Her stance is what might be called by sociologists, “non-normative.” She’s saying that when you get married, if you’re fat, you are expected to lose a ton of weight before you walk down the aisle. She didn’t, and she’s cool with that.  I can’t use this example for the really virulent comments, because The Guardian removes them, but in general, aggressive acts in a relationship or in your career because you’re fat is pretty acceptable socially. Discrimination, disparaging remarks, and rejection are still normative, though the body positive movement may be changing this (one hopes). But if my boss or my husband said something mean to me about my weight, I would be enmeshed in this whole system that would make it hard for me to fight back. Can I risk losing my job? Should I risk the stability of my marriage and by extension my daughter’s well-being? So those situation have the potential for bullying if I already feel bad about myself or vulnerable around being fat.

But online, those systems don’t exist. So some jackass says this:

“Unbelievable! I wonder if the guardian online would publish a piece promoting anorexia?”

If it were my boss saying this, I might laugh nervously and maybe say something mollifying or self-depricating in order to avoid risking his ire. But what happens online? People respond in a variety of ways, non of which demonstrate any systemic prohibition against being counter-aggressive or arguing – things that are very risky in an actual bullying situation.

“Anorexia is an illness that can kill. Being chubs and getting married and telling ladies we don’t have to look like we have to eat dust for 6 months before our wedding because it is all good, isn’t.”

“Actually, the “risks” of obesity have been vastly overstated by the commercial weight loss industry. An obese woman might live 5 to 10 years less than an overweight one. In fact, a so-called “overweight” person stands a good chance of outliving an “ideal” weight person.”

“I don’t think the lovely lady in question is about to keel over due to being a bit chubs.”

“She’s not ‘chubs’ though, she’s obese. I’m glad she’s happy, glad she had a wonderful day, but I hope her weight doesn’t spoil the rest of her life”

Who are the As? Who are the Bs? Who is being more aggressive? Does it even matter?

So there are people defending West/themselves, and people attacking West/each other. Both parties have equal agency. While the “it’s okay to be fat” comments show some defense mechanisms like identification (the Jackass didn’t actually say anything about you, he was attacking the magazine for “promoting obesity”), the “fat people are doomed to die young” people are also displaying some spectacular projection. Neither has more power than the other. So while some participants seem angry, defensive, judgemental, and other unpleasant things, it’s not bullying. Bullying requires a system that supports the projections of the aggressor and the victimization of the target. A newspaper that publishes an article on why it’s okay to be fat by a known fat activist is unlikely to be that system. Even if it were (if the magazine systematically deleted all the comments on one side of the argument), it is likely that the marginalized participants would take it to Twitter, Facebook, Reddit, or some other online forum. Everybody gets instant gratification on the internet, so everyone has about the same ability to say what they want to say.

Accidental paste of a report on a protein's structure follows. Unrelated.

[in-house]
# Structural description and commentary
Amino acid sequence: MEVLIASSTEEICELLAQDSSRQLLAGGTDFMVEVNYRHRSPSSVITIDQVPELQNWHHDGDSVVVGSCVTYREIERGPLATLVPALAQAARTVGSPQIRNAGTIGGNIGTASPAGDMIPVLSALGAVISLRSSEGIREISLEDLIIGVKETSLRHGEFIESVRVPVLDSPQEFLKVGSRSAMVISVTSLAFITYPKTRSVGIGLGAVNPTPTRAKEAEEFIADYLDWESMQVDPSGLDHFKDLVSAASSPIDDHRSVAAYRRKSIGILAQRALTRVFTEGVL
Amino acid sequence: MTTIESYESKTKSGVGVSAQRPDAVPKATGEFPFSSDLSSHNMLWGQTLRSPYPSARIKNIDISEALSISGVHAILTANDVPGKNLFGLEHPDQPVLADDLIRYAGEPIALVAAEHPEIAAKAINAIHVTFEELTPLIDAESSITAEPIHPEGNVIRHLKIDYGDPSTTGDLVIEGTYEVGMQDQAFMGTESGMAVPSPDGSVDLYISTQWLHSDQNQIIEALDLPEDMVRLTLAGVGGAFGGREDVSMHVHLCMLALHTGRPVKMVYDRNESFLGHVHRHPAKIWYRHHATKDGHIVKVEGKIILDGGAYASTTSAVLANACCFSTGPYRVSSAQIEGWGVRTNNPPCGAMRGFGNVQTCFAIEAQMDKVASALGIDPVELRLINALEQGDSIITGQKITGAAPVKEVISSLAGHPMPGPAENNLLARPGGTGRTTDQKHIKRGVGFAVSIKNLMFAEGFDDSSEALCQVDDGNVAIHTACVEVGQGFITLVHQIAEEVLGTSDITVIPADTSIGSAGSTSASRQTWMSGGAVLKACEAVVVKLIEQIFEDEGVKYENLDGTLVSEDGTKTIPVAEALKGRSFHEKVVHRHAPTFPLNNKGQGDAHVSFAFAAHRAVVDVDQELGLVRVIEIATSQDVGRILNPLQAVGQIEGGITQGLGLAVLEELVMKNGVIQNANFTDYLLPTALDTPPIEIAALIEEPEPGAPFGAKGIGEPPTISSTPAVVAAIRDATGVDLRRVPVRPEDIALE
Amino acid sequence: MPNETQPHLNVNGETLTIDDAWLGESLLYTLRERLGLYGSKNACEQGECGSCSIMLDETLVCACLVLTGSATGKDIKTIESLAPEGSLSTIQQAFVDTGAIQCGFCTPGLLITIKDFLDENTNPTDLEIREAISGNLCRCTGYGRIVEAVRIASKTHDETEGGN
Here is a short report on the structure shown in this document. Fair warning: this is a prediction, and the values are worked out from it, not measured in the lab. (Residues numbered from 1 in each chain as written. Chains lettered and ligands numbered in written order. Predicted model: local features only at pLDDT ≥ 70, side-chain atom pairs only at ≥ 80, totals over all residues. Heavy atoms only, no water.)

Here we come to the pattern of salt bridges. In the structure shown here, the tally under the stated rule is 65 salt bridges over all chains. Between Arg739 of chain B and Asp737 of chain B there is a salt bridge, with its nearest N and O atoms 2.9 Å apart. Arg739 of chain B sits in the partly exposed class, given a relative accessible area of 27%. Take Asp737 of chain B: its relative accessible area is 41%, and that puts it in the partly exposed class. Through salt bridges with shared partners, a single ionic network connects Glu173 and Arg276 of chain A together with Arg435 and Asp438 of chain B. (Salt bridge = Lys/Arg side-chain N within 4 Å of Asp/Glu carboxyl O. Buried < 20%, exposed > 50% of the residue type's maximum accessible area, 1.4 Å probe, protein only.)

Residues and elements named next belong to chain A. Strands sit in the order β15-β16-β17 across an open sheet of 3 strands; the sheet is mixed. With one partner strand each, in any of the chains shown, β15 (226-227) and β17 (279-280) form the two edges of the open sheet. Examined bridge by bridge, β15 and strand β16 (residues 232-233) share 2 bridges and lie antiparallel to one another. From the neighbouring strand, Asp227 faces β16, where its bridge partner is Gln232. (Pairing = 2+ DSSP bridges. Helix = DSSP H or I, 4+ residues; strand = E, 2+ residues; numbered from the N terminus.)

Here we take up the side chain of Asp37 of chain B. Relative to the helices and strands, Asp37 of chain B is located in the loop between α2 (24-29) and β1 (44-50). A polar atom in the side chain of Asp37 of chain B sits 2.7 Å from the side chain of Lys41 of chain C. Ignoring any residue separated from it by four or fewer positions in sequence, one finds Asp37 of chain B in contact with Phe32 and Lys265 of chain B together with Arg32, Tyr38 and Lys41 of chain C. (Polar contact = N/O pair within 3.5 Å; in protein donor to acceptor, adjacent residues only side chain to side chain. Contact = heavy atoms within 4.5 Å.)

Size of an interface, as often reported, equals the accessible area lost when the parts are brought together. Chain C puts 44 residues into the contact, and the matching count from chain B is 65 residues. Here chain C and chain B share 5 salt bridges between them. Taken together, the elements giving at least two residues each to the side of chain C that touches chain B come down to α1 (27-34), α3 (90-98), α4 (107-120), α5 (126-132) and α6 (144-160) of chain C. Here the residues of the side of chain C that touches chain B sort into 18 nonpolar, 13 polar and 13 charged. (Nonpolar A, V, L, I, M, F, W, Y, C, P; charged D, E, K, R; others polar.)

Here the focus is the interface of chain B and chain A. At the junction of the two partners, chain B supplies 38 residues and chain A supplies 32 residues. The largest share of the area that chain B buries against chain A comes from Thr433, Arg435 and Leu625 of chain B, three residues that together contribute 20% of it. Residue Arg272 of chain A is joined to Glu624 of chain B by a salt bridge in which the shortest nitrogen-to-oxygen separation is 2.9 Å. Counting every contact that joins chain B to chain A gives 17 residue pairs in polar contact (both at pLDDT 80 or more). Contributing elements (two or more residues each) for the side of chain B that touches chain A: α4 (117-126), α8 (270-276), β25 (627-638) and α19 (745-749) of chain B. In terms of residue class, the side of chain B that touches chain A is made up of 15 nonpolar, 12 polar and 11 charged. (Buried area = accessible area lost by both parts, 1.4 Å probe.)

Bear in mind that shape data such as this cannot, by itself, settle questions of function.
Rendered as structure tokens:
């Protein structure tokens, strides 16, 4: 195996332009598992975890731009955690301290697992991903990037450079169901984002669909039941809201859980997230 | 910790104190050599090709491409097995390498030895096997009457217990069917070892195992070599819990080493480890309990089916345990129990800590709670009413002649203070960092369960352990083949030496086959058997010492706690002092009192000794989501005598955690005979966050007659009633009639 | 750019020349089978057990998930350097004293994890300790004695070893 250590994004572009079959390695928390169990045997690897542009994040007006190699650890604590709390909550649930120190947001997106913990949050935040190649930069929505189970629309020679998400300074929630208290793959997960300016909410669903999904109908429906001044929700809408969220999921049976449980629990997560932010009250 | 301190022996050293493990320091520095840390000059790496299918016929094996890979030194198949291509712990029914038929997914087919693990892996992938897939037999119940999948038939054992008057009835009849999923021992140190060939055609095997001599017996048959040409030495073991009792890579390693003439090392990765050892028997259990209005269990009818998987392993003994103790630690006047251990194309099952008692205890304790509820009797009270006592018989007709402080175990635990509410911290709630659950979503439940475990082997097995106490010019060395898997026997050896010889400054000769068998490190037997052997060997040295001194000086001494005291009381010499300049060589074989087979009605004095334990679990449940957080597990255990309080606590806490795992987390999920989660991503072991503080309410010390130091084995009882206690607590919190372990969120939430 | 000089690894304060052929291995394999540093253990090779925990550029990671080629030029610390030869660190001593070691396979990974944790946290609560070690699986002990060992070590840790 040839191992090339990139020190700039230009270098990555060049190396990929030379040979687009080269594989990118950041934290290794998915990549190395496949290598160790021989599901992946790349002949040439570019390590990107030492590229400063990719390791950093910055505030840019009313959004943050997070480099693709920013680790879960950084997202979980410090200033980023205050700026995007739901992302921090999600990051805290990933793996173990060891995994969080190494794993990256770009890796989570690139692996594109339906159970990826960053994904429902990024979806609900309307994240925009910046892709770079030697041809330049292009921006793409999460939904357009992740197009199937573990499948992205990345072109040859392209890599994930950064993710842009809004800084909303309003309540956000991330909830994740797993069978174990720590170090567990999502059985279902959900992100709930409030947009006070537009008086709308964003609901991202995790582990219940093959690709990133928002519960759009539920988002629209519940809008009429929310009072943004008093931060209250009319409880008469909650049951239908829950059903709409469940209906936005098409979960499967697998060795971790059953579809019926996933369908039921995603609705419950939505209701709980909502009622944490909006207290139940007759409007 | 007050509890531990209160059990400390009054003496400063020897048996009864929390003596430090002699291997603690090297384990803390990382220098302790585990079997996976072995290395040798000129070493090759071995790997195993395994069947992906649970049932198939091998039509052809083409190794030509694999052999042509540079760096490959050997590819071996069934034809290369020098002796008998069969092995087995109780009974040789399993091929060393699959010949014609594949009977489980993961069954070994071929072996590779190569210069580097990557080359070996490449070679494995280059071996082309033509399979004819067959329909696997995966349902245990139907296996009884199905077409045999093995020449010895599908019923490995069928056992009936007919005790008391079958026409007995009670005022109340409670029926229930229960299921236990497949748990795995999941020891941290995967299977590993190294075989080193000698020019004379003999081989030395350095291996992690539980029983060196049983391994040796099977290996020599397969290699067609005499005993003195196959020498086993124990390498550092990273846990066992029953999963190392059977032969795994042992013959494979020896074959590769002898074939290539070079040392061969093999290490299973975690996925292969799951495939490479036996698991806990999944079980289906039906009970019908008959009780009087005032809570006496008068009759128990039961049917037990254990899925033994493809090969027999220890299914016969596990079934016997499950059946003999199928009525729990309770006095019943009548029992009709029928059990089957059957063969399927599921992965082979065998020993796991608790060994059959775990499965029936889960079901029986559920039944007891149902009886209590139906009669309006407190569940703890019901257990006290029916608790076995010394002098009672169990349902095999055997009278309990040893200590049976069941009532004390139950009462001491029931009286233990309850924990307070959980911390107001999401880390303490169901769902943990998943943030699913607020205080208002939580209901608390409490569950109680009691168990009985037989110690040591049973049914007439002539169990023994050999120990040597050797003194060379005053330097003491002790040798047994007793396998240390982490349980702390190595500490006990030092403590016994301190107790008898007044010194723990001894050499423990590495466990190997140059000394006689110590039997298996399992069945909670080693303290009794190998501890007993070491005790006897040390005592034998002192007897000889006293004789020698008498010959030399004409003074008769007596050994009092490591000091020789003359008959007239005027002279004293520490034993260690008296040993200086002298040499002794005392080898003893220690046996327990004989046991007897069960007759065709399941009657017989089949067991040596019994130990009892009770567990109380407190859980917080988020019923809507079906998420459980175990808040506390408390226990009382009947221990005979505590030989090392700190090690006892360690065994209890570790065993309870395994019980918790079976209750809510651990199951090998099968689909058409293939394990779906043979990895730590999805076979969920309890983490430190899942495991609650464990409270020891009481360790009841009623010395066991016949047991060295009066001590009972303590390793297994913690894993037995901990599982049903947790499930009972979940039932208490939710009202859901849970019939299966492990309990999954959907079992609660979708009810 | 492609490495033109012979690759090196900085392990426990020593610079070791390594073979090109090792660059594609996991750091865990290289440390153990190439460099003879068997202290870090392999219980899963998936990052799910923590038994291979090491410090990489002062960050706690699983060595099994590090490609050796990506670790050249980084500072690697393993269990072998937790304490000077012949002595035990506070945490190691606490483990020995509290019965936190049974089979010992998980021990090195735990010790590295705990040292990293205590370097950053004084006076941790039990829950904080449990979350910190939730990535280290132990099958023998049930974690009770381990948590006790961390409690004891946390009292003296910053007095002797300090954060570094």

True Bullies and Victims get some major psychic juice from their interactions. They replay childhood roles. They avoid scary or repressed feelings and desires, and they do it in a container or system that keeps the cycle going for some time.  Online, most people contradict, attack, defend, agree, disagree, and generally act out their stuff. There are no clear bullies or victims; in my research many participants move between emotions and roles during a single conversation. I actually think that the old “don’t feed the Trolls” norm was more likely to perpetuate a bullying-like scenario, as it put the target in the position of having to “rise above” (not respond to) verbal abuse. I suspect that for the aggressor, silencing their target is more gratifying than having the target counter-attack, contradict, or attempt to engage in conversation.

So point 1 is: Online aggression does not equal bullying.

However, there are many kinds of extreme aggression online, which carry more of the psychological distortions associated with bullying. Revenge porn, where a rejected  person posts naked pics or videos of an ex is pretty evil. It resembles bullying in that there are few legal ways for the target to respond (yet), though I suppose he or she might respond in kind. Still, it’s more a case of naked aggression; there is no dance between the aggressor and target; no symbiotic relationship for projection and identification.

Swatting, cyberstalking, doxxing, and other extreme forms of online aggression are similar. In the absence of clear legislation and law enforcement prohibiting this kind of violence, targets lack power to respond, but again, they are being terrorized, not bullied.

Point 2 is: Online violence is criminal behavior, not bullying.

Calling the less extreme kinds of online aggression bullying overstates the power of the aggressor and vastly understates the power of the target. On the other side of the coin, reducing these violent, terrifying acts to bullying ignores the impact on the targets and allows law enforcement, legal professionals, and legislators to abdicate responsibility for protecting citizens from violent and destructive acts.

Point 3 is: Naming minor aggression or major aggression “cyberbullying” distorts its causes and effects.

The biggest problem I have with both the media and academic approach to cyberbullying, cyber-aggression, or whatever it’s being called at this moment, is that it almost always ignores the why. I’ve read countless articles on bullying, cyber and otherwise, and they are almost all concerned with these things:

  1. Is it bullying?
  2. Who is the bully?
  3. Who is the victim?
  4. How can it be prevented?

What is rarely discussed is “Why is this happening?” Why is the aggressor acting out? Why is the target unable to adequately defend or maintain boundaries? Why is the system in which it is taking place allowing for this behavior? This is what I’m interested in. The why is what truly separates a traditional bullying situation from the various kinds of online aggression. Too much of the literature totally ignores the why, for aggressors and targets (and bystanders and everyone who moves between roles). Aggression is not always destructive; targets of aggressive behavior are not always victims. Conflating this vast range of online behaviors with one model which was developed to explain very specific, IRL dynamic causes blindness to what is really happening.

If we can begin to take notice of all the way we are not bullies and not victims, we can start to try out healthier ways of expressing and responding to aggression.